Two women seated in a pavilion by the water. The artist is not recorded in standard sources. For the record, there is an individual with the pen name Xisai named Tai Zhengqi. He was active in the late nineteenth century, about the time the fan was painted. He is not from Quantang (Hangzhou), however, and he was known as a calligrapher, not a painter. The painting is not without merit. The landscape depicted is complex; on the right a river valley draws the eye back into space. On the left the mountain peaks close in around a temple nestled among a grove of blossoming trees. Just to the right of center, two women are seated in a pavilion whose foundation rises from the water. This is not a standard scene, especially for a fan, and it would have taken someone who knew the art of painting to arrange all these pieces into an effective composition.
One of the most well known 19th century ukiyo-e artists, famous for his landscape views, particularly his images of the Tokaido. Jakuren was a poet and a Buddhist monk was instrumental in compiling the Shinkokinshu (New Collection of Ancient and Modern Waka), around 1205 â€“ 1206, which included thirty-five of his own works. The poem card at the top of this image depicts an image of the poet and his poem which was number eighty-seven in the well-known Ogura Hyakunin Isshu (One Hundred Poems by 100 Artists), a collection of tanka (five line poems of 31 syllables, arranged as 5, 7, 5, 7, 7).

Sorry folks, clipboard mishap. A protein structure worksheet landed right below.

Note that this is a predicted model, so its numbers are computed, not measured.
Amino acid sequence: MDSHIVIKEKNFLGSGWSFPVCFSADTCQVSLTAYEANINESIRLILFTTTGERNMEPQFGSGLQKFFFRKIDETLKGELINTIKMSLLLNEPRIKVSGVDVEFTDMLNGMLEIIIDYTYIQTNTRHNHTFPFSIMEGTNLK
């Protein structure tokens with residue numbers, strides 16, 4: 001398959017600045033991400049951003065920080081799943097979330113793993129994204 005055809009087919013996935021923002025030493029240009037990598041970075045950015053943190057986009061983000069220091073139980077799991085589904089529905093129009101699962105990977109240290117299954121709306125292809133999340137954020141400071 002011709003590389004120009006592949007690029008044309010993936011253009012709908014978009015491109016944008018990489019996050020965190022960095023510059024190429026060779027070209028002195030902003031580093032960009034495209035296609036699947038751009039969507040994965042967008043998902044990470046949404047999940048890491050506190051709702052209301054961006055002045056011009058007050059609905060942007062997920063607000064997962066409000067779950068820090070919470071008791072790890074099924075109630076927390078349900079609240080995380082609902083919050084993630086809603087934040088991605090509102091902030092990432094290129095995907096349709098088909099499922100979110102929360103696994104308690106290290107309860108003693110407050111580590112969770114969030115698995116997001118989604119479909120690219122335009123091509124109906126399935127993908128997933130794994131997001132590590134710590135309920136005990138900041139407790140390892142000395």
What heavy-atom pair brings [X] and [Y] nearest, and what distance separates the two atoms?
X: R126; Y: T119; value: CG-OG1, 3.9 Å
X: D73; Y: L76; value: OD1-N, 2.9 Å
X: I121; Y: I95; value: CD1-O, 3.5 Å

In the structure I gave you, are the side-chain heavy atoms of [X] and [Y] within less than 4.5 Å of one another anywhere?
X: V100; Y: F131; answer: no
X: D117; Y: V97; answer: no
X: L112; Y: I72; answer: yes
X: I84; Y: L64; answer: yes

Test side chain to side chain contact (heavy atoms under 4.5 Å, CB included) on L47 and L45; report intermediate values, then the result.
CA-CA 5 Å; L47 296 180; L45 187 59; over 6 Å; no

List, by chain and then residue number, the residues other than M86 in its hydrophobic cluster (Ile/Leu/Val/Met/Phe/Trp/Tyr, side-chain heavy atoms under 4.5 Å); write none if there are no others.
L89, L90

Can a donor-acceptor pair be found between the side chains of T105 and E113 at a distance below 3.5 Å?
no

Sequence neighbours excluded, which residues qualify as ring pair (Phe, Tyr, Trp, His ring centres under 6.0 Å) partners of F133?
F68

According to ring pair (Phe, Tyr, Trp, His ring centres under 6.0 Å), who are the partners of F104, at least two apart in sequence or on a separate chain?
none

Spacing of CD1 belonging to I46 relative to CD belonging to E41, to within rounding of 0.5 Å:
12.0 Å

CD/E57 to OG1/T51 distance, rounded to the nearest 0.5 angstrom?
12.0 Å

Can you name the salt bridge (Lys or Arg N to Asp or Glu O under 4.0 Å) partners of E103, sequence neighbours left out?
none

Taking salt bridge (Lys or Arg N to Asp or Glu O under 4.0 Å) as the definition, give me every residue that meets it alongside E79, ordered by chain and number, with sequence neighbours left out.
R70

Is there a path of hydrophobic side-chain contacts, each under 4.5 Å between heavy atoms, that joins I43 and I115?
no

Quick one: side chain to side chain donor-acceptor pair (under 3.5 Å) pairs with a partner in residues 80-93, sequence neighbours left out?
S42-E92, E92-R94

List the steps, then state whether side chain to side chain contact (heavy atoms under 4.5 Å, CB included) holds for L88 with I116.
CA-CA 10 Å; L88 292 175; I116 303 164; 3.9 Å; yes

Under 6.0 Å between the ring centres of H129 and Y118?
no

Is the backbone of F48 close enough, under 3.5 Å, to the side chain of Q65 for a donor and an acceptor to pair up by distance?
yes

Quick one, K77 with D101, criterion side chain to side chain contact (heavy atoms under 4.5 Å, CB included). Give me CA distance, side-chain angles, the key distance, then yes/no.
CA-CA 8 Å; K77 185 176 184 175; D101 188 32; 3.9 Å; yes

The painting pairs chrysanthemums, an appropriate flower for an artist whose pen name means 'scholar of the autumn' with Chinese garden rocks. Huang Ju, pen name Qiushi, was from Songjiang in Jiangsu province. He was known as a painter of landscapes, figures, the bird and flower genre, and seal carving. His models were from the orthodox school: Yun Shouping for flowers and Wang Hui for landscape. He lived for sixty years, and that alone could establish one's reputation in a culture that revered the aged. The painting pairs crysanthemums, an appropriate flower for an artist whose pen name means "scholar of the autumn," with Chinese garden rocks. These stones, worn through by the ages and dredged up from the depths of lakes, were prized as ornaments in gardens and commanded high prices-as they still do today. The same idea of a garden rock appears in the fan painting in this collection by Ren Xun.